Most XLH Patients Develop Hard-to-treat Hyperparathyroidism as Side Effect of Standard Therapy, Study Reports

Most XLH Patients Develop Hard-to-treat Hyperparathyroidism as Side Effect of Standard Therapy, Study Reports
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More than 80% of people with X-linked hypophosphatemia (XLH) develop hyperparathyroidism as a side effect of treatment with oral phosphate and active vitamin D, a study reports.

Tertiary hyperparathyroidism, which results from prolonged hyperparathyroidism, is hard to treat. Surgical removal of the parathyroid glands is not usually effective, as the condition often persists or comes back after surgery, research shows.

The study, “Hyperparathyroidism and parathyroidectomy in X-linked hypophosphatemia patients,” was published in the journal Bone.

XLH is an inherited disorder marked by low levels of phosphate and vitamin D that lead to skeletal problems such as rickets in children and osteomalacia in adults, which refer to abnormal softening and weakening of bones.

Standard treatment consists of phosphate salts combined with active forms of vitamin D, such as calcitriol (which helps the body take in phosphate), given in multiple oral doses per day.

However, this combined treatment may result in several side effects, including nephrocalcinosis — calcium deposits in the kidneys — excess levels of calcium in the blood (hypercalcemia) and urine (hypercalciuria), high blood pressure, and hyperparathyroidism.

Hyperparathyroidism occurs when there is too much production of parathyroid hormone (PTH) from the parathyroid glands, causing hypercalcemia.

When phosphate levels build up as a consequence of treatment with phosphate salts and vitamin D, blood calcium levels fall. If they get too low, the parathyroid glands secrete more PTH to stimulate the release of calcium from bones into the bloodstream, reduce urinary excretion of calcium, and promote production of vitamin D in the kidneys.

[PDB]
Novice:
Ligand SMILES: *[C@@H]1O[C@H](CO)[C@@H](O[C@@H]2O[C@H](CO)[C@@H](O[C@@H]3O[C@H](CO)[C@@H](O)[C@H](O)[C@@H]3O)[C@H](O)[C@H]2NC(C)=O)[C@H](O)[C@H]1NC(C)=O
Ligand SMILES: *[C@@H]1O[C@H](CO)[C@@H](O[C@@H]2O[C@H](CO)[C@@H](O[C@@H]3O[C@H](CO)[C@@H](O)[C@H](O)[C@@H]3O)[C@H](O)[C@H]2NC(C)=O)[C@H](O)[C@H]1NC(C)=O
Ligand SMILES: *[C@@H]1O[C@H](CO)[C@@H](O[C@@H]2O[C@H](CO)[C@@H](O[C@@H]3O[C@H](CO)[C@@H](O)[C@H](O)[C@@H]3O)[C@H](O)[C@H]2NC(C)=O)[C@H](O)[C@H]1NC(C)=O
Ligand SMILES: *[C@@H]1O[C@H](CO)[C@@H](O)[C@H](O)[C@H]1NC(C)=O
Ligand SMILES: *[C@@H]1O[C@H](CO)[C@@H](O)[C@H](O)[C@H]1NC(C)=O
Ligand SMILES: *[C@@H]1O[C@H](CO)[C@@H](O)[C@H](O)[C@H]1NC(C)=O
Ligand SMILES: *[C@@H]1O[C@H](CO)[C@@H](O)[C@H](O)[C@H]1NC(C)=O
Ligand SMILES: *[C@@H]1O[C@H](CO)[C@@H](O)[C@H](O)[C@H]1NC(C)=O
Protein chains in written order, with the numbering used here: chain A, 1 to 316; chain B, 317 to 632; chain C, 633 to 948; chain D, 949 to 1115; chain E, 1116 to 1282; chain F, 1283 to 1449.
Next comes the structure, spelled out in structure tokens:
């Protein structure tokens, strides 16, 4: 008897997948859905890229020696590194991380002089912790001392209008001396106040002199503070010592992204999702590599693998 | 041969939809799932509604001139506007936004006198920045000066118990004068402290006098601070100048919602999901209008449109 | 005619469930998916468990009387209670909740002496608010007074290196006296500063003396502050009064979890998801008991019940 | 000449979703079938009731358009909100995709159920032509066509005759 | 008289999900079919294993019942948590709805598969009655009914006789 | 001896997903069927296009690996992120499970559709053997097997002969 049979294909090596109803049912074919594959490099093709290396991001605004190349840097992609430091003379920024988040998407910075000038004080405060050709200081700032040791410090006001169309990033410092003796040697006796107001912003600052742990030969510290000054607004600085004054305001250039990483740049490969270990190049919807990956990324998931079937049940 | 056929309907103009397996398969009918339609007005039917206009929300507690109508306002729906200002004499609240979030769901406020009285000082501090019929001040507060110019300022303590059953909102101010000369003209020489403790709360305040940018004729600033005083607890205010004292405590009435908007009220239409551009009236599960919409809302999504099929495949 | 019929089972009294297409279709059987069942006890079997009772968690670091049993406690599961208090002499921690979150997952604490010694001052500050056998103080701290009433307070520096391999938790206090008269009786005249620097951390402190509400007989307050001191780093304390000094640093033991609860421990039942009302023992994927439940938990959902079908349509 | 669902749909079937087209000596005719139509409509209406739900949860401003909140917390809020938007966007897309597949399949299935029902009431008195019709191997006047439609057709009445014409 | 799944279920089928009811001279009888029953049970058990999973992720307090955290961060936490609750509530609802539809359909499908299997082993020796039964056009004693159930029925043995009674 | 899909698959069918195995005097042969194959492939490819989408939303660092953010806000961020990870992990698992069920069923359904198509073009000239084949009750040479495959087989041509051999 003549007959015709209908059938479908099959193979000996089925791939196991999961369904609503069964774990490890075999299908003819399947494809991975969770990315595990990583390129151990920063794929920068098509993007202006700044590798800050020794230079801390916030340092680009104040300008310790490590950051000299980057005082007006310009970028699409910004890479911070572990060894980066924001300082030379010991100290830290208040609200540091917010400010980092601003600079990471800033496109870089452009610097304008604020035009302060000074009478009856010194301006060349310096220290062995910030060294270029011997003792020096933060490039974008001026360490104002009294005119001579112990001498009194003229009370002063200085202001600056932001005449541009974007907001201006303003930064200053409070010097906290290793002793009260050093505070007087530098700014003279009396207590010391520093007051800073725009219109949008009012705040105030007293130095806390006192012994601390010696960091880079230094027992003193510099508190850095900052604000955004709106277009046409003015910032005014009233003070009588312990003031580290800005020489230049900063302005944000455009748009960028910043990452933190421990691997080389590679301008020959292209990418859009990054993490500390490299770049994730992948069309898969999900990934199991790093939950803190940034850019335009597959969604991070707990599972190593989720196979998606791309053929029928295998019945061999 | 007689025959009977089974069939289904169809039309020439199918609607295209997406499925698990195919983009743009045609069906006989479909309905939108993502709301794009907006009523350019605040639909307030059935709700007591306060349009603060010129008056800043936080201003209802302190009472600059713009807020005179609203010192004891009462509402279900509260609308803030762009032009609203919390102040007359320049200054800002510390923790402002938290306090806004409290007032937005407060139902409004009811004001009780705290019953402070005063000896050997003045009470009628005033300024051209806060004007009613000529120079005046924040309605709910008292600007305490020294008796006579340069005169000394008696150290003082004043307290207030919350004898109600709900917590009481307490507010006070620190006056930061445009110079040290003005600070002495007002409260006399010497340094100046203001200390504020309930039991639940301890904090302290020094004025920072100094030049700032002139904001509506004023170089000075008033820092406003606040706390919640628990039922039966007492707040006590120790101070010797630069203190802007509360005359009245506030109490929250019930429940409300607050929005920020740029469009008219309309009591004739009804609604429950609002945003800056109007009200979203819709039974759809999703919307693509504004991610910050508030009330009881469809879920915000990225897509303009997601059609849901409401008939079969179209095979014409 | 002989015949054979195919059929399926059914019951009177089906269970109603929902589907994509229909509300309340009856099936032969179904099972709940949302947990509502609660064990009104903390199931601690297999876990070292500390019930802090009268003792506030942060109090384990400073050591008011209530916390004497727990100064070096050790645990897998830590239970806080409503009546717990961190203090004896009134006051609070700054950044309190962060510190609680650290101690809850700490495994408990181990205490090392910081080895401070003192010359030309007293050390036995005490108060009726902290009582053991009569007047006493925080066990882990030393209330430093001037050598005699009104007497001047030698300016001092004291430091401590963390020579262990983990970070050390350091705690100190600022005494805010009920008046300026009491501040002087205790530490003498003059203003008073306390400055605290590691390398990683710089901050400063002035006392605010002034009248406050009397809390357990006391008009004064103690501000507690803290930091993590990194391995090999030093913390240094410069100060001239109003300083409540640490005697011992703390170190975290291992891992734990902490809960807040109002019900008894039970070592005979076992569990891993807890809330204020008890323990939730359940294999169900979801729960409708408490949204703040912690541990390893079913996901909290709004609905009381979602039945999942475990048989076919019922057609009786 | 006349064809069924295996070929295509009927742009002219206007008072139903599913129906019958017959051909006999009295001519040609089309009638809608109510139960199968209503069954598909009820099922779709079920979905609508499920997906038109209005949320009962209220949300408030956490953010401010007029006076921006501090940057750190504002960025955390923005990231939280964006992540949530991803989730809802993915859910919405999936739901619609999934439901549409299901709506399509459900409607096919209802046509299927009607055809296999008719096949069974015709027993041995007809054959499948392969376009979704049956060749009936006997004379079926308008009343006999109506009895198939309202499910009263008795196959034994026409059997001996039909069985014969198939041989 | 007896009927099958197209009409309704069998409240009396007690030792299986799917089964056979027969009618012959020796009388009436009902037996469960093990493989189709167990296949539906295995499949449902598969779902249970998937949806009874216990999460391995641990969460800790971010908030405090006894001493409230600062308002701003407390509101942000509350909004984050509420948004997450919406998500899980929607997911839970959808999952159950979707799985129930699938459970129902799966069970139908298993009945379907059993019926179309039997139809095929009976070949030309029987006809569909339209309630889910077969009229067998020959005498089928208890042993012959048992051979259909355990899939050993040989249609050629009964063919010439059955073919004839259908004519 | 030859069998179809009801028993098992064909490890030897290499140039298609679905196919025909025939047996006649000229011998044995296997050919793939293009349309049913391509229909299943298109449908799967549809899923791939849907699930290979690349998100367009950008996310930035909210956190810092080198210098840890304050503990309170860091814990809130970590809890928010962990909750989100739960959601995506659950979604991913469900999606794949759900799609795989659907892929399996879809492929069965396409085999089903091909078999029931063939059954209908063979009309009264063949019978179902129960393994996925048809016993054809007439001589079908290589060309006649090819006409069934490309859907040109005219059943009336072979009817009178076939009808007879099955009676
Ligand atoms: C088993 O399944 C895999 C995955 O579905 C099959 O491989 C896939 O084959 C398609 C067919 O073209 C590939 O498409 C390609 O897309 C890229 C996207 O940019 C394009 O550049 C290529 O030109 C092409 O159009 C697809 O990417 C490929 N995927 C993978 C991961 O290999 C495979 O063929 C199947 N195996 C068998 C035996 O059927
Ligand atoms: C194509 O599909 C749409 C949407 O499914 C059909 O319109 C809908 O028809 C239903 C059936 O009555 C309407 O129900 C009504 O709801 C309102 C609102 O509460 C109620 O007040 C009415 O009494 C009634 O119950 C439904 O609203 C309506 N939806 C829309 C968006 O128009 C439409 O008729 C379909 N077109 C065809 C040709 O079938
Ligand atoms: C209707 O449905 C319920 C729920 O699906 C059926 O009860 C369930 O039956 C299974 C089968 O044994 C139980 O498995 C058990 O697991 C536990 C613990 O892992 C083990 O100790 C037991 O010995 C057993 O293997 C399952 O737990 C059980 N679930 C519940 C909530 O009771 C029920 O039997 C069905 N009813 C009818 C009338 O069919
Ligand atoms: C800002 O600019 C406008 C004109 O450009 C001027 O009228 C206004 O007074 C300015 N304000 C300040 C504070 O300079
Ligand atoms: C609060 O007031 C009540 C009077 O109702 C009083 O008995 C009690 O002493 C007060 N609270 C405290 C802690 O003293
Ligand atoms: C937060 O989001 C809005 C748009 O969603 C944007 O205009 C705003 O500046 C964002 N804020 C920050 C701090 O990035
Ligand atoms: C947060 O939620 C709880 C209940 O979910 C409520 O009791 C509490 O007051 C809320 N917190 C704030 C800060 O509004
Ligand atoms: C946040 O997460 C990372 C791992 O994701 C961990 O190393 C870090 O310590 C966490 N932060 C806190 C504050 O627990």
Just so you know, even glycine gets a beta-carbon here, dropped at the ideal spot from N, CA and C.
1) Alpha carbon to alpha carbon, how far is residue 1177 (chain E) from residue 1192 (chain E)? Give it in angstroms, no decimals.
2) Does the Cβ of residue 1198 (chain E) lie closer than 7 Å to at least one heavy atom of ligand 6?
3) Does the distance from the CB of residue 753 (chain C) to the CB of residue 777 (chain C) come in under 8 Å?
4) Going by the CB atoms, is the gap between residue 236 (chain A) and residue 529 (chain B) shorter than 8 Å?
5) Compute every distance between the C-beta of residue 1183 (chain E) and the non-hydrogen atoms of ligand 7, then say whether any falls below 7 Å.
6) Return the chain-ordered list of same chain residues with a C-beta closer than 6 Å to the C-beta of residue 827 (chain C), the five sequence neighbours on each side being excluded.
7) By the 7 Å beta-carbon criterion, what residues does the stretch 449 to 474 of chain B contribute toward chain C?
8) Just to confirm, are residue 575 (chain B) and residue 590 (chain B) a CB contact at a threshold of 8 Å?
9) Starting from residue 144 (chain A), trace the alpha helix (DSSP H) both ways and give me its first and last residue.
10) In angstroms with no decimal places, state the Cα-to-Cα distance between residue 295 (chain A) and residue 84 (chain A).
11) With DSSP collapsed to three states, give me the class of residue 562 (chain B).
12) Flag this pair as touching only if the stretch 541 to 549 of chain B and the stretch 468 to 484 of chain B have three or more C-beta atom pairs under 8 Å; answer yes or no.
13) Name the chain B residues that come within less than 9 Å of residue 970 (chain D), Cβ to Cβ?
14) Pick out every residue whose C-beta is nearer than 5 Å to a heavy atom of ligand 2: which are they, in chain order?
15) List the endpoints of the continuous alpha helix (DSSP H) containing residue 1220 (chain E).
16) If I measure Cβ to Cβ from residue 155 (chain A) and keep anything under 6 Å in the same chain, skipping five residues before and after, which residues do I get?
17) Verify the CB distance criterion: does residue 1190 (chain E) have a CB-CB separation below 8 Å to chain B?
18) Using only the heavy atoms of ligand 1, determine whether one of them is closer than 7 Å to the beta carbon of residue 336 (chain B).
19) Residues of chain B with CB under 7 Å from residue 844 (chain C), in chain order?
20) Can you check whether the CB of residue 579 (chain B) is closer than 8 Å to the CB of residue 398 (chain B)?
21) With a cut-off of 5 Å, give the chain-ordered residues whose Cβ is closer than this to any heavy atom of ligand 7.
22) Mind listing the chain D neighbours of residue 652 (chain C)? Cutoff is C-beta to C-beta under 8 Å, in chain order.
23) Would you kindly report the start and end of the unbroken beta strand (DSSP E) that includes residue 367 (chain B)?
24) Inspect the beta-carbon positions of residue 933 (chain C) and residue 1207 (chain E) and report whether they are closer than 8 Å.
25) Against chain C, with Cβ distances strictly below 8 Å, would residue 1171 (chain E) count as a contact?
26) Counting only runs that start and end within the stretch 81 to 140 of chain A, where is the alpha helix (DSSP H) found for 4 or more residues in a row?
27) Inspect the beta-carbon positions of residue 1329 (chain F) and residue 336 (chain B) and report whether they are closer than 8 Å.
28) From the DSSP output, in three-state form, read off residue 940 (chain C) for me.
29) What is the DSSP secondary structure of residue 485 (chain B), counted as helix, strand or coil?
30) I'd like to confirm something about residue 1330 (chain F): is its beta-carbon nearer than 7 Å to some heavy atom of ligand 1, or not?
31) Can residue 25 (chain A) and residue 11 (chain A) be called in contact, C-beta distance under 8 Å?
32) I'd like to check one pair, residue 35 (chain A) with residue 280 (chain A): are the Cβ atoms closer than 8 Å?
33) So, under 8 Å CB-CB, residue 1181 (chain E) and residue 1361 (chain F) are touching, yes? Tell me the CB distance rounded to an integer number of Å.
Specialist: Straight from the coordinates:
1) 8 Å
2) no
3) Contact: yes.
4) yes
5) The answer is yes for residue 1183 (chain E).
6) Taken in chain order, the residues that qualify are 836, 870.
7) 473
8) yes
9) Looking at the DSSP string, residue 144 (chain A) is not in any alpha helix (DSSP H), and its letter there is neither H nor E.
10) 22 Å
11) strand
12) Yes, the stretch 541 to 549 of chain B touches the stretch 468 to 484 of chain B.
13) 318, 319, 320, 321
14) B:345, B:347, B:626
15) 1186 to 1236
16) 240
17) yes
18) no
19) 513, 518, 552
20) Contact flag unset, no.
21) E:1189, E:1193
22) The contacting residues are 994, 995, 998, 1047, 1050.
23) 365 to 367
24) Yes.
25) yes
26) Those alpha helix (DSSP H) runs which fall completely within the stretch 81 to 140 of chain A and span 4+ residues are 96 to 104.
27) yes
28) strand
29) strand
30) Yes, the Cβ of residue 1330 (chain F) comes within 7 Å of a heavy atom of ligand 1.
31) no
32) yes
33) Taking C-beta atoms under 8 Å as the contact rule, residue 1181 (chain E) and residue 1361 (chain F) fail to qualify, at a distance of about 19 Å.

People with XLH risk developing secondary hypoparathyroidism — caused by kidney disease or vitamin D deficiency — or progress to tertiary hypoparathyroidism as a result of chronic excessive PTH production which makes the parathyroid glands become permanently overactive. This leads to chronically high calcium levels in the blood.

Studies on hypoparathyroidism in XLH patients are scarce so researchers in the study sought to assess the prevalence of the condition and its associated treatment outcomes in people with XLH.

The researchers reviewed the medical charts of 104 adults and children with XLH, all attending endocrinology practices at Indiana University School of Medicine from 2000 to 2017.

Results showed that, among 84 patients with available data on their calcium and PTH levels (40 adults and 44 children), 70 (83.3%, 36 children and 34 adults) had secondary or tertiary hyperparathyroidism at some point during follow-up.

Most patients with secondary hyperparathyroidism, especially children — 34 of 36 (94.4%) children and 22 of 34 (64.7%) adults — did not progress to the tertiary condition.

Yet, secondary hyperparathyroidism persisted in 62.2% of the patients over a median follow-up of five years.

The overall prevalence of tertiary hyperparathyroidism was 16.7% (14 of 84 patients). To treat the condition, eight of these patients underwent surgery to remove the parathyroid glands (parathyroidectomy). However, the surgery was not successful long-term in six patients, as hyperparathyroidism persisted or returned after a median of six years after surgery (up to 29 years after the procedure).

One patient developed chronic hypoparathyroidism and another achieved normal PTH and calcium levels, which lasted up to four  years after surgery.

Treatment with cinacalcet, an oral medication used to treat high levels of calcium in the blood, was attempted in 5 of 14 (35.7%) patients with tertiary hyperparathyroidism. However, patient responses to this therapy were variable.

Those with tertiary hyperparathyroidism more often had nephrocalcinosis (60% vs. 18.6% of people without tertiary hyperparathyroidism) and chronic kidney disease (35.7% vs. 1.5%).

“The majority of patients with XLH develop secondary hyperparathyroidism during treatment with phosphate and active vitamin D. A significant proportion develops tertiary hyperparathyroidism and most have recurrence or persistence of hypercalcemia after surgery,” the researchers wrote.

“Further studies are needed to determine the best approach to preventing hyperparathyroidism, and the effect of novel therapies on its development,” they added.

Ana is a molecular biologist with a passion for discovery and communication. As a science writer, she looks for connecting the public, in particular patients and healthcare providers, with clear and quality information about the latest medical advances. Ana holds a Ph.D. in Biomedical Sciences from the University of Lisbon, Portugal, where she specialized in infectious diseases, epigenetics, and gene expression.
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Ana is a molecular biologist with a passion for discovery and communication. As a science writer, she looks for connecting the public, in particular patients and healthcare providers, with clear and quality information about the latest medical advances. Ana holds a Ph.D. in Biomedical Sciences from the University of Lisbon, Portugal, where she specialized in infectious diseases, epigenetics, and gene expression.
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